Okay, down to 101.9kg today - that’s 5kg gone, but I’m not getting carried away because I got to 101.8 a couple of weeks ago and a few days later it went back up a few hundred g.
I noticed that whenever I go out for the day, I lose more, even if it’s just driving or riding the bike, so I aim to do as much of that as I can in future. Well, while we have good enough weather.
Thanks - I do seem to have breached the plateau and now it’s dropped to 101.3kg so very hopeful I’ll finally break the 100kg barrier before long.
I’m not missing the sugar at all, which has really surprised me. I’ve been using jaggery in my tea and coffee at home, but on Sunday I had 3 lattés with no sweetening at all and they were delicious, so that’s given me a good morale boost.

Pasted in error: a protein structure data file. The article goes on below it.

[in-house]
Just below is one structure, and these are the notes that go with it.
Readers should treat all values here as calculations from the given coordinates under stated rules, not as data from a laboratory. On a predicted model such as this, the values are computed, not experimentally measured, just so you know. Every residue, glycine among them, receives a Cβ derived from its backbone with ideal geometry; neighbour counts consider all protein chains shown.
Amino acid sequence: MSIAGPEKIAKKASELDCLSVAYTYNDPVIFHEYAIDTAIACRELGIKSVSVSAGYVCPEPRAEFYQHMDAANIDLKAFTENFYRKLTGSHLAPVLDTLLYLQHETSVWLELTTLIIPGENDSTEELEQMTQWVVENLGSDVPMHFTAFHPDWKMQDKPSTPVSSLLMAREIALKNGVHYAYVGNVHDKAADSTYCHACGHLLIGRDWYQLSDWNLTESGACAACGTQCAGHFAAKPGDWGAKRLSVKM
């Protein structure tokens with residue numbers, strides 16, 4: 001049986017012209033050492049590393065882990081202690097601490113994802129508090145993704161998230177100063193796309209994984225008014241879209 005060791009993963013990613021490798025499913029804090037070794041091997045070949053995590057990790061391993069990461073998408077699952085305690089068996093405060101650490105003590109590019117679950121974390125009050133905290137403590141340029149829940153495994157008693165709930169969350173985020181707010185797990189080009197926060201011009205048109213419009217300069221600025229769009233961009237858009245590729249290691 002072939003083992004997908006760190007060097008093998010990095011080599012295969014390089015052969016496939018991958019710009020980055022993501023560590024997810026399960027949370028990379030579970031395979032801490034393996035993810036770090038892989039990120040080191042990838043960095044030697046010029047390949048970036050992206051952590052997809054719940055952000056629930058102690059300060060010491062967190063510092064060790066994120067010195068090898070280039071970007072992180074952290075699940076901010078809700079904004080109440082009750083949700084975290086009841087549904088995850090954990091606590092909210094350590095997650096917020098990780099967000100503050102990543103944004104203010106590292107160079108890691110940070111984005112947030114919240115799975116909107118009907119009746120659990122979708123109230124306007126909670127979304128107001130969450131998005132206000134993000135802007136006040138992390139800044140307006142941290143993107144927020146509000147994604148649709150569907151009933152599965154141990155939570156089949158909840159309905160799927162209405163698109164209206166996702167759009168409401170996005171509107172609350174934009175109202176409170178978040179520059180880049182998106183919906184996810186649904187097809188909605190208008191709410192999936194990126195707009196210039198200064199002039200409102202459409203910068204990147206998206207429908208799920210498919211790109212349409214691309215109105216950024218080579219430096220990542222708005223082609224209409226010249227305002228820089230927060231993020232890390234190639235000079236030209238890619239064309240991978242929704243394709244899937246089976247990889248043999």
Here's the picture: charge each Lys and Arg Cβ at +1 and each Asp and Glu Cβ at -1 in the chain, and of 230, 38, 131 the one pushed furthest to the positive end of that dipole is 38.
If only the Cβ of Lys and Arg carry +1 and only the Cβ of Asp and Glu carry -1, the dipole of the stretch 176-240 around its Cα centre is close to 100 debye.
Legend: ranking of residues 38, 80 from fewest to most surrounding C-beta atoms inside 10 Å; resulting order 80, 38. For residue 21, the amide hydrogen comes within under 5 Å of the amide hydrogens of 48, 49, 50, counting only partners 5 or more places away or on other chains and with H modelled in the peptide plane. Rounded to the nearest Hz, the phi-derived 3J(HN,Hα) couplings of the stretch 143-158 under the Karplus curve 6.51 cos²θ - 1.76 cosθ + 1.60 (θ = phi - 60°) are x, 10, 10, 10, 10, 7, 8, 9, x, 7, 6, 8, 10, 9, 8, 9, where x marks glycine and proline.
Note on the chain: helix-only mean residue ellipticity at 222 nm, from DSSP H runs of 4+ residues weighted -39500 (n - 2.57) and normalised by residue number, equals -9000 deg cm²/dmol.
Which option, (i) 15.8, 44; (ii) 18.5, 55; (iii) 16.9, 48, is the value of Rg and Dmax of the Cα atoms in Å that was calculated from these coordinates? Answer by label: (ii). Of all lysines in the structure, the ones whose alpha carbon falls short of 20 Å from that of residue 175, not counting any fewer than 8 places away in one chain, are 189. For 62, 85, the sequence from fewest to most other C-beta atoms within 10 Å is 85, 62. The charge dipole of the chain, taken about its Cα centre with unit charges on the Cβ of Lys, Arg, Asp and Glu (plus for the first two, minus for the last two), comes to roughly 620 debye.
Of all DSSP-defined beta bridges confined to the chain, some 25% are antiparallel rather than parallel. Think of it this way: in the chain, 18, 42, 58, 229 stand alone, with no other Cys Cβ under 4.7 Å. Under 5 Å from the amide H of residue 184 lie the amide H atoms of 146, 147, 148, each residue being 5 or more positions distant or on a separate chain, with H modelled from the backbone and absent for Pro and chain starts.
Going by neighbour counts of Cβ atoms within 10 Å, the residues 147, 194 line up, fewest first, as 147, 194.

…and there we go - stepped on the scales this morning and I’m back up to 102.5 - so in one day it’s jumped 1.2kg
I have my suspicions why, but it still seems a lot. Takes 3 weeks to gradually work down from that weight to 101.3 and then jumps back up in a single day. Depressing but I’ll keep on it - this has happened a few times and I’ve still ended up with a net loss so not the end of the world. Just a kick in the nuts.
Don’t sweat day-to-day changes too much. It’s just water, salt, your body working, errors in measurement.
Instead, take an average of a few days and observe trends. One of those new digital scales can help a lot with this, but doing it yourself will make sure you do it consciously as well. Which is a very powerful tool to achieve any change in self behaviour.